Potentially there would be kids who would take to this subject so keenly that they would like to do it in their own time, rather than be limited to our system of learning which only involved the one class a week at 2.30pm on a Monday afternoon. Thankfully, this did prove to be the case and it allowed for us as educators to stretch out and notice how it is important for our planning to be very flexible and dynamic. Kids were moving in directions beyond our planning and we needed to allow for that rather than constrict them to our initial limitations.
Finally, the blog was a great place for the children to push each other and provide feedback. Generally this student driven feedback contained knowledge far beyond that which Dan and I could have provided. The students would upload the games they were making and respond with critique both positive and negative to each other’s work. They would ask for immediate help and get quick responses rather than waiting for Dan or myself to be the sole assisters in their learning. Below, a student called Charlie expresses something he has learnt from his own investigations with the group allowing response from Dan and suggestions on how to move forward.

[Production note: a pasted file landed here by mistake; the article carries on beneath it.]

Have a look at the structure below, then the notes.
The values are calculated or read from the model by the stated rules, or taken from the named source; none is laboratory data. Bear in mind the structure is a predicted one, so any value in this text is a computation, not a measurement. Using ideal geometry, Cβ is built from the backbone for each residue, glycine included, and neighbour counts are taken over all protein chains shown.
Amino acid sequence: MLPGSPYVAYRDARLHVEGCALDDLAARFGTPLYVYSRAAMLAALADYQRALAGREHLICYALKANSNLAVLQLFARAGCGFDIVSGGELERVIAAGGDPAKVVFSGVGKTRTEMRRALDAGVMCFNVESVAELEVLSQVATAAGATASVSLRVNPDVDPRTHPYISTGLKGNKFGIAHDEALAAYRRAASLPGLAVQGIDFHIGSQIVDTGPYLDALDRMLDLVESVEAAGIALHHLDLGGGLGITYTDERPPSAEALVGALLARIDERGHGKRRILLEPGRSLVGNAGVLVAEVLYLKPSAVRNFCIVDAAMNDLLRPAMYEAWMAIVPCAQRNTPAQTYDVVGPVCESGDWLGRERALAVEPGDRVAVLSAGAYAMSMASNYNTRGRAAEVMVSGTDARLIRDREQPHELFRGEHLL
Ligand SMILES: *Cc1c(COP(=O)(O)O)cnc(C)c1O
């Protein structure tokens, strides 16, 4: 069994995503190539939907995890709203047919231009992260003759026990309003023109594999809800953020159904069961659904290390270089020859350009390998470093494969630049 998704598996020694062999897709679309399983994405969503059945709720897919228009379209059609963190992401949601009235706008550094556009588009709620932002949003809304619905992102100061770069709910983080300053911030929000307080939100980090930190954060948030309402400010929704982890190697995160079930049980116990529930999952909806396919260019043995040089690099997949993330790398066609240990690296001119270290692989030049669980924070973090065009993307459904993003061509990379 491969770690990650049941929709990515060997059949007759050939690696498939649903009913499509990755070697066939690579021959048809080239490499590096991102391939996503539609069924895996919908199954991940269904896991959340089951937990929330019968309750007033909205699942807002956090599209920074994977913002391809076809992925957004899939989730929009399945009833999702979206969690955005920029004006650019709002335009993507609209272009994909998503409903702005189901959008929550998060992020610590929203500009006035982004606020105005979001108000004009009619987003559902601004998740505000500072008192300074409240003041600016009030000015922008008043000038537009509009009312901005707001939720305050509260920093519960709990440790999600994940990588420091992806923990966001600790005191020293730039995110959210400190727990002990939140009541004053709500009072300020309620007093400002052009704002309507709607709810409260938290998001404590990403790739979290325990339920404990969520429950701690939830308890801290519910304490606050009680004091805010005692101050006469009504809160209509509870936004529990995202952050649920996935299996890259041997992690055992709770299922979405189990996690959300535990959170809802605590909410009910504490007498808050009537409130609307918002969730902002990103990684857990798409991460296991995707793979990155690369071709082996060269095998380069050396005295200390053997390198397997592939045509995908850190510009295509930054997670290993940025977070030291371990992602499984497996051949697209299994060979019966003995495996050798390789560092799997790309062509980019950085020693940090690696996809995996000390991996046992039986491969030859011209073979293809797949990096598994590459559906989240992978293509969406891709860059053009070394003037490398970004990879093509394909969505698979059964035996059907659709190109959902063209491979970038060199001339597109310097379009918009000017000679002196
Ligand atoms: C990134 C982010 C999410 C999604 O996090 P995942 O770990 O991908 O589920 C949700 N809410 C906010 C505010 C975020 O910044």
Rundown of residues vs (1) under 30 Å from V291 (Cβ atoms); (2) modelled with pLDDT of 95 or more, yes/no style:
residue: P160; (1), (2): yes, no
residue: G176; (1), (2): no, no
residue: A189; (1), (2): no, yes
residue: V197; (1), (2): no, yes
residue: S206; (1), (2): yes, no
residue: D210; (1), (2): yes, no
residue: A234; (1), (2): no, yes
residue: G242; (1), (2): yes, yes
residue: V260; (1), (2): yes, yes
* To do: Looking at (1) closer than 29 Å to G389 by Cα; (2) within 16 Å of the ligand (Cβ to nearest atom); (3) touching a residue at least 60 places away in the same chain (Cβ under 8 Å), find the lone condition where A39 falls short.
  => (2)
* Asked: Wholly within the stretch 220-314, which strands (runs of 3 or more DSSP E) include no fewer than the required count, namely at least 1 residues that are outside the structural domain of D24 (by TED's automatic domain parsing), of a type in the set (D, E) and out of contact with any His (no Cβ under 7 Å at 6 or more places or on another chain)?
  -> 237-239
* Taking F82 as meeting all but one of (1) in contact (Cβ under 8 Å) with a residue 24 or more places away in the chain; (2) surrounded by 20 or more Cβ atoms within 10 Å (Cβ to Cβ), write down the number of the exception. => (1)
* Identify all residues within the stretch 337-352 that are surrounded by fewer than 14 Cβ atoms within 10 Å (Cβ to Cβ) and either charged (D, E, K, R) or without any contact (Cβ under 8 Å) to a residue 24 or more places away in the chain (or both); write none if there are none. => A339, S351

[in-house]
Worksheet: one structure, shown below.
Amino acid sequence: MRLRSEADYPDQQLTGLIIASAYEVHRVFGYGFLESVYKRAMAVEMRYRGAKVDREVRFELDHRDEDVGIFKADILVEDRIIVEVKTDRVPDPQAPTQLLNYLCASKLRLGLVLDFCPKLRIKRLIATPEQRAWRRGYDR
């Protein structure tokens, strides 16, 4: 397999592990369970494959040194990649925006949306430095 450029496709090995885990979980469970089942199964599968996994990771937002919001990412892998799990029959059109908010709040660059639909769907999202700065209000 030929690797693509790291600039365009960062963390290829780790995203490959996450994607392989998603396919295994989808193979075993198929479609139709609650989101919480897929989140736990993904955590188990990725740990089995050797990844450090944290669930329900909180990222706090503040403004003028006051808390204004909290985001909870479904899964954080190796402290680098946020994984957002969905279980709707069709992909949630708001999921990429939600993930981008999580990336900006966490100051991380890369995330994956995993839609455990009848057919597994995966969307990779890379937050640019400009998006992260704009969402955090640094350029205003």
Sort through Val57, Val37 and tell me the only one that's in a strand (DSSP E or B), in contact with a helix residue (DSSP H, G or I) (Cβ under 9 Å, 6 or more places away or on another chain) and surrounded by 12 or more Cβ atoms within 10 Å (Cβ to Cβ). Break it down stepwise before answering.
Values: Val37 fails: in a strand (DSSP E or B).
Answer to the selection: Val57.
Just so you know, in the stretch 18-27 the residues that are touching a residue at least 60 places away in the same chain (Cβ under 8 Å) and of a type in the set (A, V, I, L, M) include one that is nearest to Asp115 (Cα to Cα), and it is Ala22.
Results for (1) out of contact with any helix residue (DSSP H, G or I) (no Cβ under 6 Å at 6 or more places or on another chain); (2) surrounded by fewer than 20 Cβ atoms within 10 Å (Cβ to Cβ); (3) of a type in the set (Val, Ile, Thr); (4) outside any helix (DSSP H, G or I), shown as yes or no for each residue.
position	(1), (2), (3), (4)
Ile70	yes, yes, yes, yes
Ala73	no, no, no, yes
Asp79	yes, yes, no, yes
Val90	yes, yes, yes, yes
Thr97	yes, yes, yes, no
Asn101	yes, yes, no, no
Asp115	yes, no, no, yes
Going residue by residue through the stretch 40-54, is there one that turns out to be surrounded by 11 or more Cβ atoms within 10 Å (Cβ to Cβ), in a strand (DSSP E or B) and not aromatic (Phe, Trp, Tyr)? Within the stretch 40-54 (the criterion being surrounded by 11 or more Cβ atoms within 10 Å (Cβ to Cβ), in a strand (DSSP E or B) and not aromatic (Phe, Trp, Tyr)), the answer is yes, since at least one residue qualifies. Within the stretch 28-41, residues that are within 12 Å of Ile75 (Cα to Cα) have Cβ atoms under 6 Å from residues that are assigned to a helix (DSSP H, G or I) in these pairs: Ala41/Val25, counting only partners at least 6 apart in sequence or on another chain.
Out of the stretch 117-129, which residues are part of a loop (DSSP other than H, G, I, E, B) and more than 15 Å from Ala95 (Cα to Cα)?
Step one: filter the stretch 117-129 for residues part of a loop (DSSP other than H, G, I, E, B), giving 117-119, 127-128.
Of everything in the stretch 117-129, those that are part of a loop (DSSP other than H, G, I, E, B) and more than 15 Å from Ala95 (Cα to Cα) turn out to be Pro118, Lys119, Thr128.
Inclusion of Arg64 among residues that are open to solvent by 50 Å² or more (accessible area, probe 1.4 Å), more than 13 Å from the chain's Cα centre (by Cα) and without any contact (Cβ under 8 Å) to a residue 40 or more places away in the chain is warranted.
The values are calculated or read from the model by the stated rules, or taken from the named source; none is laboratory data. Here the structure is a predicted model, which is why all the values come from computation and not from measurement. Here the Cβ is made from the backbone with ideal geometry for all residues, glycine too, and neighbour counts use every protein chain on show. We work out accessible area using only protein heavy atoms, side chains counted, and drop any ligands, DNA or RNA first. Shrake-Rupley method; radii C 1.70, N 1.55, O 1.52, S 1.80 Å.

The following clip shows evidence of students uploading incomplete work, not afraid of public condemnation of poor work, but rather they are uploading it to generate learning – they are looking for advice which they subsequently received from other students, myself and Dan.
Blogging is not about “best work”, in fact, hardly anything on the internet is about “best work”. It is generally about rapid publishing and about joining a conversation. It is about active participation in networks. Through active participation, through having a voice and joining online conversation, we learn. The more one actively participates, the closer one gets to the centre of the network. The closer one is to the centre, the greater the ability to “co-create” new knowledge with the network. Imagine a world where our students were co-creating new knowledge rather than just sitting there having already existing content poured down upon on them. This world exists and our students are already actively participating in it. Blogging is one platform that allows for this active participation to occur.
A final word of encouragement for nervous teachers; while being one of the main educators involved in a game-making unit, I have never created a game in any of the platforms the students chose to use. I have used many others, but not these specific ones. As a teacher, you do not need to be an expert in software – you need to be able to set up learning environments that allow for a degree of student empowerment, allowing you to manage the environment and push the students to go deeper in their inquiries.
Latest posts by Kynan Robinson (see all)
- Using Digital Gaming For Learning Outcomes - April 14, 2015